Fans mourn Jerry, the zayde of rock

The city that gave birth to the hippie movement of the 1960s is mourning the death of one its icons — Grateful Dead leader Jerry Garcia. He was 53.

Among the throngs of followers in San Francisco grieving the loss of the gray-haired guru of folk-rock are a large number of Jewish “Deadheads,” devotees of the psychedelic band. His death Wednesday, at Forest Knolls Treatment Center in Marin of a heart attack, saddened local Jewish fans.

“He was the zayde of rock ‘n’ roll,” said Rabbi Yosef Langer, a long-time Deadhead and director of Chabad House of San Francisco.

“He was a roly-poly, happy-go-lucky guy. People had an affection and a closeness they felt about Jerry Garcia. He was a kind-hearted man,” said Langer.

One might not readily associate the highly observant Chabad House with the unabashed hedonism of the Grateful Dead’s concert scene, but Bay Area Chabadniks have been attending shows and hosting concert-goers for years.

In 1991, Langer and his associates handed out 8,000 apples during a Grateful Dead concert at Mountain View’s Shoreline Amphitheatre. Chabad even developed “Grateful Yid Shabbos,” a Friday night dinner for Deadheads in town to see the band. To encourage Jewish fans to attend the Shabbat dinner, Langer exchanged Friday night concert tickets for Sunday tickets.

“There are thousands of Deadheads that happen to be Jewish. I think it’s because, inherently, the Jewish people have been searching, striving for a higher purpose, and it seems that the music Jerry helped create was also involved in this search,” said Langer.

Recently, Garcia allowed Chabad to use lyrics from the Grateful Dead song “Scarlet Begonias” for the Bill Graham Menorah Project, which presents the lighting of a 22-foot chanukiah in Union Square Park every Chanukah. The song says, “Once in a while you get shown the light in the strangest of places if you look at it right.”

Langer said the tune, which rhapsodizes that wisdom can be found in everyday events, is his favorite Grateful Dead song. The message, he adds, echoes that of the founder of Chassidism, the Ba’al Shem Tov.

“I really connected to that song. It’s really something I try to carry in front of me, in my life, because it’s a teaching of a sage, the Ba’al Shem Tov. He said if we look at everything in front of us with the right eye, no matter what it is, it can be a teaching in how one serves God, or his fellow man,” he explained.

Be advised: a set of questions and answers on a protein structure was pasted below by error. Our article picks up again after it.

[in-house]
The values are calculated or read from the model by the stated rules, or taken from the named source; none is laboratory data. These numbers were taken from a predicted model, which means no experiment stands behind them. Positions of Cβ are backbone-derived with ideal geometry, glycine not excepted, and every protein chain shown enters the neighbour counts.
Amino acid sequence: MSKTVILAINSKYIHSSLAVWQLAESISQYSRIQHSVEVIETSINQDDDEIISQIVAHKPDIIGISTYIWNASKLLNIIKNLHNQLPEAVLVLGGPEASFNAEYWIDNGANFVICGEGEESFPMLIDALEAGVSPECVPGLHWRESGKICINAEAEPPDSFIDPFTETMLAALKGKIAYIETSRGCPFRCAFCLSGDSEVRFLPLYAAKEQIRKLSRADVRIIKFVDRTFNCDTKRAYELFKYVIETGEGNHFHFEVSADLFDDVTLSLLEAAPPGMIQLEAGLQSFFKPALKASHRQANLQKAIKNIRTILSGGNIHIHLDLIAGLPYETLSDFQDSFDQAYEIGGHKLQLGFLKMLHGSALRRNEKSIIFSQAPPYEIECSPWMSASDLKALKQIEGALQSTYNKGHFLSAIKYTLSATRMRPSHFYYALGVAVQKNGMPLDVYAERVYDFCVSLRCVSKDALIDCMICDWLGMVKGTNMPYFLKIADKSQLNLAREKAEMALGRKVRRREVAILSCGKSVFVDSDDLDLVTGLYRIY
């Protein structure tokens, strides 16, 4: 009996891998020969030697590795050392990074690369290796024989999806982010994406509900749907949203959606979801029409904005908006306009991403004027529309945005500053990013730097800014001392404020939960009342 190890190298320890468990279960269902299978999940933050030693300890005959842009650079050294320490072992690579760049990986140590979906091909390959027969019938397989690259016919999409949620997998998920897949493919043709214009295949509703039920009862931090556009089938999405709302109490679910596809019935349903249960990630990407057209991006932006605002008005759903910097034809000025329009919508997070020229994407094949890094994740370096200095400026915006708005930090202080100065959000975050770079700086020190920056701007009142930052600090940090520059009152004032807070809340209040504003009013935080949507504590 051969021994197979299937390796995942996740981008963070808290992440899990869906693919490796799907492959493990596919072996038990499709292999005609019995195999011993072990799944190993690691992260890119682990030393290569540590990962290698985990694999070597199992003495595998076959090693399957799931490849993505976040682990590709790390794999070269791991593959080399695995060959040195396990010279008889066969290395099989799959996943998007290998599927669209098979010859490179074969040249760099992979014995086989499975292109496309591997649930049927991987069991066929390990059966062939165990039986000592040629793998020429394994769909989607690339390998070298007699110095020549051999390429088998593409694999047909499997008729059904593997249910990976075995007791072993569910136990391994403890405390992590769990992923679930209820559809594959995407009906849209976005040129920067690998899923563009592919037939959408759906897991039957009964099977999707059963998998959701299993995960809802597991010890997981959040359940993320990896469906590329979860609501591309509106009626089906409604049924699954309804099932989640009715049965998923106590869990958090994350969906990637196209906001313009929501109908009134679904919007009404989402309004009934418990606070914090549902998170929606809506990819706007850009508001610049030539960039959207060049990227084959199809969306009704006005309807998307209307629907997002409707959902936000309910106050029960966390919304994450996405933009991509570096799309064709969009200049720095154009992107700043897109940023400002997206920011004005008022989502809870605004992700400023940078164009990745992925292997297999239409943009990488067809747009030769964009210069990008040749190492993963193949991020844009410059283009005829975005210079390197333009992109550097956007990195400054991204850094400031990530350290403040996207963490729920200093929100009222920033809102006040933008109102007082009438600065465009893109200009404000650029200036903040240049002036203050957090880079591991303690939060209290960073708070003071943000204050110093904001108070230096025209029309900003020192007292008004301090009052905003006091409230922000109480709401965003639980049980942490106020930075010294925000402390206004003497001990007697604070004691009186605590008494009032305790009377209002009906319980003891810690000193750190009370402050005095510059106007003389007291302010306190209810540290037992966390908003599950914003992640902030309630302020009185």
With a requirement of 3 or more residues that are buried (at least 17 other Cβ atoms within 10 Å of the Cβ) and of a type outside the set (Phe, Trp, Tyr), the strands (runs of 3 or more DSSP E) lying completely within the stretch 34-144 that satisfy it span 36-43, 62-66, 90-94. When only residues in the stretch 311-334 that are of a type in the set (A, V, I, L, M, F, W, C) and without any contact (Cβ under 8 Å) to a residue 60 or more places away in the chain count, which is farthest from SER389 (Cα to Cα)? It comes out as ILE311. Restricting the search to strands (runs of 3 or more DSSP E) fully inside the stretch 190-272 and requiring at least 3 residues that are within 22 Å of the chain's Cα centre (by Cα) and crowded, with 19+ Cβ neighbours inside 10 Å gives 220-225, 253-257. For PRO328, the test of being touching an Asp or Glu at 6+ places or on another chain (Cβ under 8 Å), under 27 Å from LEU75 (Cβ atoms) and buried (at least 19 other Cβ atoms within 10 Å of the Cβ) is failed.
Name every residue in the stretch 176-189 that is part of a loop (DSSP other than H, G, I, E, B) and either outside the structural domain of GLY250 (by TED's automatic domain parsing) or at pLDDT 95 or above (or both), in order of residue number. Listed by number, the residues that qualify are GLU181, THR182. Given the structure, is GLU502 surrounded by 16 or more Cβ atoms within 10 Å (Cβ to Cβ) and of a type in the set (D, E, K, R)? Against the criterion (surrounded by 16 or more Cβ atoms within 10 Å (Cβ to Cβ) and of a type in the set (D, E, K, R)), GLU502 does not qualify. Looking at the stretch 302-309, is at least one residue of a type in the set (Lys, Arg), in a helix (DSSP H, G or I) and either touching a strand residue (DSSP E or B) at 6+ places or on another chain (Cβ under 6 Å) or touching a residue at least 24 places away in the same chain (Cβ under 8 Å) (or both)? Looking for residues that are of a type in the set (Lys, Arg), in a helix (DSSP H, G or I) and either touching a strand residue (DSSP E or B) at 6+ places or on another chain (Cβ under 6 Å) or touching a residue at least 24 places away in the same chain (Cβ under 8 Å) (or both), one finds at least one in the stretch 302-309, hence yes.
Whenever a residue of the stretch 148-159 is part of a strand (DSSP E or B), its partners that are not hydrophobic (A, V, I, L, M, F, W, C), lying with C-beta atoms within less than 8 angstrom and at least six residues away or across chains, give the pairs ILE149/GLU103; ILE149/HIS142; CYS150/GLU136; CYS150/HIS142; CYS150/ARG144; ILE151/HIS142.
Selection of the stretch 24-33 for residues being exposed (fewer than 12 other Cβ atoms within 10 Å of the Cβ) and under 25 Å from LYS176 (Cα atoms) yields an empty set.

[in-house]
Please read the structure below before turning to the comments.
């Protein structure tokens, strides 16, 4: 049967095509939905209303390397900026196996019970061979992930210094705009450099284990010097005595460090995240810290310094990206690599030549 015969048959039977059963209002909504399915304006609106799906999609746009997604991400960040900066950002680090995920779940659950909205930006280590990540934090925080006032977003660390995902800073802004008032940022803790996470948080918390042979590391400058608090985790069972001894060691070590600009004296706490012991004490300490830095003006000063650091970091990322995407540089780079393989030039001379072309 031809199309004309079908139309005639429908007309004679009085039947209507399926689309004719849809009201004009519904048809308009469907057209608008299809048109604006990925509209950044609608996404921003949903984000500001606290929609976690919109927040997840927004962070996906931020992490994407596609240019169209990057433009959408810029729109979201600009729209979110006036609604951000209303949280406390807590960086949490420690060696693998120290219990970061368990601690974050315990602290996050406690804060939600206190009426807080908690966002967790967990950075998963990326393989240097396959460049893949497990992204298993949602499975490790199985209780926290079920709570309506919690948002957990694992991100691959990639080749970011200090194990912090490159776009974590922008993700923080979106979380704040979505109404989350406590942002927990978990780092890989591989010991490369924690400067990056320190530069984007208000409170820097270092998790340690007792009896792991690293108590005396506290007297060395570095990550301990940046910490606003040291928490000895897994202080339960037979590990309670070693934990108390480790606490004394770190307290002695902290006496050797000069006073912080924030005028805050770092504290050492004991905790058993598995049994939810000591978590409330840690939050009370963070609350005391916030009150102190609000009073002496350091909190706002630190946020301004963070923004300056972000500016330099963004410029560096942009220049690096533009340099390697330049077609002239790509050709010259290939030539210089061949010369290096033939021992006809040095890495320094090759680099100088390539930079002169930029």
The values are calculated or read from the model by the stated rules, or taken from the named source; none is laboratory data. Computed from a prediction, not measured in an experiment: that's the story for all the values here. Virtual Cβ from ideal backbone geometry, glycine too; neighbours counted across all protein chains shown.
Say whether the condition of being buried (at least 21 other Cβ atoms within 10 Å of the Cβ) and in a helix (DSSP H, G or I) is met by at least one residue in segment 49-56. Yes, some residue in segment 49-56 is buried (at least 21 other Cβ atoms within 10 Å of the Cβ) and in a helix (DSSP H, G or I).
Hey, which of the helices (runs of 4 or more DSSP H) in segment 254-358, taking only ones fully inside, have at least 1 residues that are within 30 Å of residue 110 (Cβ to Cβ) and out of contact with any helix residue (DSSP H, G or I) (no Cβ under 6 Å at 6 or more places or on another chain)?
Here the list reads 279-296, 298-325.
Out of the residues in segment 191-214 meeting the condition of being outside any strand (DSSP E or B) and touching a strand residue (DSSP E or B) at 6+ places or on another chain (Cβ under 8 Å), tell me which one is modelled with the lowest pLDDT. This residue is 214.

For other Jewish fans, it wasn’t just the message in the music that was spiritually nourishing, but the music itself.

Lorin Troderman, program director of the Santa Cruz Hillel Foundation and veteran of over 100 Grateful Dead shows, said he’ll miss the experience of watching Garcia’s live performances, which have been a mainstay of the band’s activities since it formed in 1966.

“They’d be jamming a tune and Jerry would just go off on a riff, into the unknown,” Troderman said. “He took everybody with him. Everyone was riding on the notes he would play.

“There was something very orgasmic, spiritual and wonderful about it. You were riding on his fingers, on his magical strings. That’s the special part of Jerry Garcia.”

Troderman’s wife, brother and sister are also fans and have seen Garcia perform countless concerts over the years. Several months ago, Troderman even took his then 4-month-old son, Dylan, to see the band and said he’s happy his son was able to see a Grateful Dead concert before Garcia’s death.

Despite his love of their music, Troderman said his concert attendance tapered off over the years because of what he calls “the scene.”

The subculture of Deadheads has an argot, fashion sense and philosophy all its own, which sometimes includes taking and selling drugs. The parking lot of a Grateful Dead concert can be a chaotic whirl of barefoot teens in tie-dyed shirts and wide-eyed, free-form dancers on drug-induced journeys.

It’s not a situation that goes unnoticed by Langer.

“Jerry died in rehab. He was struggling with an addiction problem for years. If there’s one message I might want to pass on in his memory, for all the people that loved and adored him and were enchanted by his music, it is to stay clean and fly high,” said Langer.

While some are looking for lessons and wondering if Garcia’s death marks the end of an era, others are remembering not only the music and message, but the man.

Mill Valley Jewish musician David Grisman, one of the country’s foremost mandolin players, was a friend of the rocker for more than 30 years.

“It’s impossible to put into words the profound impact that he had on my life, both musically and spiritually,” Grisman said. “His love for and commitment to good music was one hundred percent. I’m honored and privileged to have known him, and shared so many wonderful moments.”

Teresa Strasser